A little over two weeks ago – before the global coronavirus pandemic and its economic fallout completely consumed news cycles all over the world – this media outlet published a story about an attorney from Manning, South Carolina named Steve McKenzie.
In our report, we noted that McKenzie – who made his name as one of the lawyers on a landmark racial justice case – had been accused of making multiple racial slurs in voicemails saved by his estranged wife, Elise McKenzie.
Ironic, right? A lawyer in a racial justice case exposed as a closet racist?
We thought so …
As we noted at the time, the voicemails were reportedly part of “a still-simmering good ol’ boy drama in rural Clarendon county” – one including case files that were allegedly sealed by multiple judges in at least two different South Carolina judicial circuits.
At the time we vowed to do “some additional digging” on this case, but obviously the coronavirus coverage sidetracked us.
Since our story was published, though, this news outlet has heard reports of additional efforts to stem the flow of information related to these cases – including efforts to gag Elise McKenzie (below) from speaking to members of the media in Clarendon county.
(Click to view)
First of all, let’s address the overarching issue of sealed case files. This news outlet detests the lack of transparency and selective subjectivity associated with sealing case files – as we have noted on numerous previous occasions (here, here, here and here).
Unfortunately, the sealing of public records for influential individuals is standard operating procedure in South Carolina … yet another example of the preferential treatment received by those in power (or those with proximity to power) in the Palmetto State.
It works like this: When normal people screw up … everybody gets to read about their dirty laundry. When those with “connections” screw up, the sordid details of their dirty deeds are kept under lock and key … zealously guarded by judges who clearly have no conception of the notion of equal protection under the law.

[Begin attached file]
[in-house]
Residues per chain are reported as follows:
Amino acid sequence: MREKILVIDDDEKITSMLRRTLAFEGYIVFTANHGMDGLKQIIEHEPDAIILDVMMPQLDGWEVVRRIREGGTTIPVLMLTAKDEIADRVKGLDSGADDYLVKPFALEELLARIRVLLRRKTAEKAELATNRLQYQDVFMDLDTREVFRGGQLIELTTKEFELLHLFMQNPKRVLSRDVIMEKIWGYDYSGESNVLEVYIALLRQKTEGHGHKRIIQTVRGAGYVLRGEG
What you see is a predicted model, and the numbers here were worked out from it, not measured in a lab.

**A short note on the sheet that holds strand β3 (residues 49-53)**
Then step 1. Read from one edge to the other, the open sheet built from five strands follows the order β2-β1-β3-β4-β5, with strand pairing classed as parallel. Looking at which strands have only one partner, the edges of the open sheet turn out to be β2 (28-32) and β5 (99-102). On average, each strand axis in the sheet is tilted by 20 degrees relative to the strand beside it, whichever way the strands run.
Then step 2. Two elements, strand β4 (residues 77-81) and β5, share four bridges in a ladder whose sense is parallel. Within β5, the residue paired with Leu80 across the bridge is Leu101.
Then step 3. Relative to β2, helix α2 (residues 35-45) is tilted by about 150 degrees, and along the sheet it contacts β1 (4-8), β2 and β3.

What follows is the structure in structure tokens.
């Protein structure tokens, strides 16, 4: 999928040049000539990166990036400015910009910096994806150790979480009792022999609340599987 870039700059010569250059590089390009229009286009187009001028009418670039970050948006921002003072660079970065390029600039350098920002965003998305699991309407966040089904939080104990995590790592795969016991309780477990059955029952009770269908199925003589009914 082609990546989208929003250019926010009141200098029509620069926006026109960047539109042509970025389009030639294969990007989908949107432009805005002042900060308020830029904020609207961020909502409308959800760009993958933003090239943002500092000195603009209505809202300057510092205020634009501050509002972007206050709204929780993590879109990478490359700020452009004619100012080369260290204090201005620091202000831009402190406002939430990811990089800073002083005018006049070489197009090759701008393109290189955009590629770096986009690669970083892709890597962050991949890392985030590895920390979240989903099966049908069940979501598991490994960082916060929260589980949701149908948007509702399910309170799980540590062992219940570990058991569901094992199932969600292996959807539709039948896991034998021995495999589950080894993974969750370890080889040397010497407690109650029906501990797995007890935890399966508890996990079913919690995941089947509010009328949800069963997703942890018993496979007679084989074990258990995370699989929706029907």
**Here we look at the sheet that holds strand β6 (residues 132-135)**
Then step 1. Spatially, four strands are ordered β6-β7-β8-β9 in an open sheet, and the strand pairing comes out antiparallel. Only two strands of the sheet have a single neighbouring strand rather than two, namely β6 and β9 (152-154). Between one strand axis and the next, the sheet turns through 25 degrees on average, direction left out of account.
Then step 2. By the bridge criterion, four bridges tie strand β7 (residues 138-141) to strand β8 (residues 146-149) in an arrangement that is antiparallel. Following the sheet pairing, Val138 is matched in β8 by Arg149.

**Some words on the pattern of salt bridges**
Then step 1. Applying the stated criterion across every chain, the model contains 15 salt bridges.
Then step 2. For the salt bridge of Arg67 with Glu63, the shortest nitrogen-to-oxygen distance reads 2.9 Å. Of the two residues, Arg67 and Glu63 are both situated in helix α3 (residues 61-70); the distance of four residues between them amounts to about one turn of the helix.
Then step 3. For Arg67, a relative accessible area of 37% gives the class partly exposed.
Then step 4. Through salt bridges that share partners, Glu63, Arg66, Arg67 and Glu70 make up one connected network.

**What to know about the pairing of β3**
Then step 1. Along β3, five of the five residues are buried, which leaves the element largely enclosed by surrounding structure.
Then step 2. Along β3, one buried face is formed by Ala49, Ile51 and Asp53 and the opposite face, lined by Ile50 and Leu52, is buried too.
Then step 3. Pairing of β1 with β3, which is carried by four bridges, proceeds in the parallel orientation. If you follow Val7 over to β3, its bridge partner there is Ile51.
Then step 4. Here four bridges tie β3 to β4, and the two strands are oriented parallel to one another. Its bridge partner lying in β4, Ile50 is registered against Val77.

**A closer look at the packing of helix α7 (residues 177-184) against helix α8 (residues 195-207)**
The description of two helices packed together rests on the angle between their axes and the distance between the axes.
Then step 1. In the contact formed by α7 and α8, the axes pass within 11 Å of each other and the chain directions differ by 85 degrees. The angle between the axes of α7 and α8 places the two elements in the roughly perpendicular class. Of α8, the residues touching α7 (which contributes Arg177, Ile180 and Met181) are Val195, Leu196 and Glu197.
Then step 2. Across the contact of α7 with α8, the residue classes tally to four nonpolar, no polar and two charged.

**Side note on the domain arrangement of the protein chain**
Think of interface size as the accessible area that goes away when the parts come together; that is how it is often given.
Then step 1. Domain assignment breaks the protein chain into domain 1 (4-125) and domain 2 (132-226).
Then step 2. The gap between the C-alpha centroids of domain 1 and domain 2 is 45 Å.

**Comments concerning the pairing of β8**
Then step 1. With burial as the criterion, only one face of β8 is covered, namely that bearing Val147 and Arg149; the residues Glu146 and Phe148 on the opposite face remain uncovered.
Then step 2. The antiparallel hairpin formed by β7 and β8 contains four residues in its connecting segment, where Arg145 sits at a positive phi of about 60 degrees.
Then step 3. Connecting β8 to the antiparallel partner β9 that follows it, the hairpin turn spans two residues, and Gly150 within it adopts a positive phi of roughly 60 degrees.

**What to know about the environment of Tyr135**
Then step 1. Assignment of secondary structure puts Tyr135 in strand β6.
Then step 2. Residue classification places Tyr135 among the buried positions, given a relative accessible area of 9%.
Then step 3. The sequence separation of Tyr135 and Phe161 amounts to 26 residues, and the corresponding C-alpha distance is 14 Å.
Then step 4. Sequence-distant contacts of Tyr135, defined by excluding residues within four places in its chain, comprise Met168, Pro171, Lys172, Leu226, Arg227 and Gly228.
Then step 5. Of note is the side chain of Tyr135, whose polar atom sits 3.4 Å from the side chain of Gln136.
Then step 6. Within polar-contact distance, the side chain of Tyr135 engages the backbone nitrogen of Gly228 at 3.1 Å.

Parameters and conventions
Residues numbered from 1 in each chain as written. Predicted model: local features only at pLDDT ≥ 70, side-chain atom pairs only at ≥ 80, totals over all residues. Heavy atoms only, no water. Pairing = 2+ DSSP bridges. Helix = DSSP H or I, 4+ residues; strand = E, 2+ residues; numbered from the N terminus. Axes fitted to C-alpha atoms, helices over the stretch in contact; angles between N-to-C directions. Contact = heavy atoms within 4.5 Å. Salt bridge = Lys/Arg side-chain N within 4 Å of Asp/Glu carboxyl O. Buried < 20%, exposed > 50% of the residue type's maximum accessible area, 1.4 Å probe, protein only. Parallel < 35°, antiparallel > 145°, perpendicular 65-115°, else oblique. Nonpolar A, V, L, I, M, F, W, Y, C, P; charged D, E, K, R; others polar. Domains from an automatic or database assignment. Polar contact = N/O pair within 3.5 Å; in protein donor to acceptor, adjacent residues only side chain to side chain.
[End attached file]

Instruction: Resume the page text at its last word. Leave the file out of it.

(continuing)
Is it fair? Hell no.
In fact, we believe it to be violative of the Fourteenth Amendment to the U.S. constitution, which mandates “equal protection under the law.”
How upset do we get when we hear about these sealed files? Very. In fact, it colors our very approach to news-gathering as well as our editorial philosophy when it comes to what we decide to publish.
“We get details of alleged affairs leaked to us all the time … and rarely find them worth reporting on,” we noted in a post several years ago related to a former state lawmaker’s attempt to seal his divorce file. “But when motions are made (or granted) to seal files? That’s when our ears perk up.”
In other words, the best way for a prominent South Carolinian to have their personal lives become public fodder on our media outlet is to try to avail themselves of a protection not afforded to other Palmetto State residents.
Anyway, back to the McKenzies …
This news outlet recently obtained two South Carolina family court case numbers related to the domestic drama involving this erstwhile couple – one reportedly on file in the state’s third judicial circuit (Clarendon, Lee, Sumter and Williamsburg counties) and the other reportedly on file in the state’s twelfth judicial circuit (Florence and Marion counties).
We searched for these cases files in the public index for each county, however, and found nothing …
Also, several sources we contacted in the hopes of locating these files told us they were legally prohibited from discussing the case.
This news outlet is in the process of working our network of sources to obtain additional information related to these two cases – and to determine why judges in these two rural South Carolina judicial circuits felt it was appropriate to hide these records from public view.
And who those judges are …
Is it because (as we previously reported) these two cases may include documents containing “multiple graphic references (drugs, sex, etc.) to the parties in question?”
Stay tuned …
Based on what we have heard, it sounds like The McKenzies could give The McGills a run for their money … not to mention provide thousands of South Carolinians currently cooped up in their homes due to the coronavirus a much-needed distraction.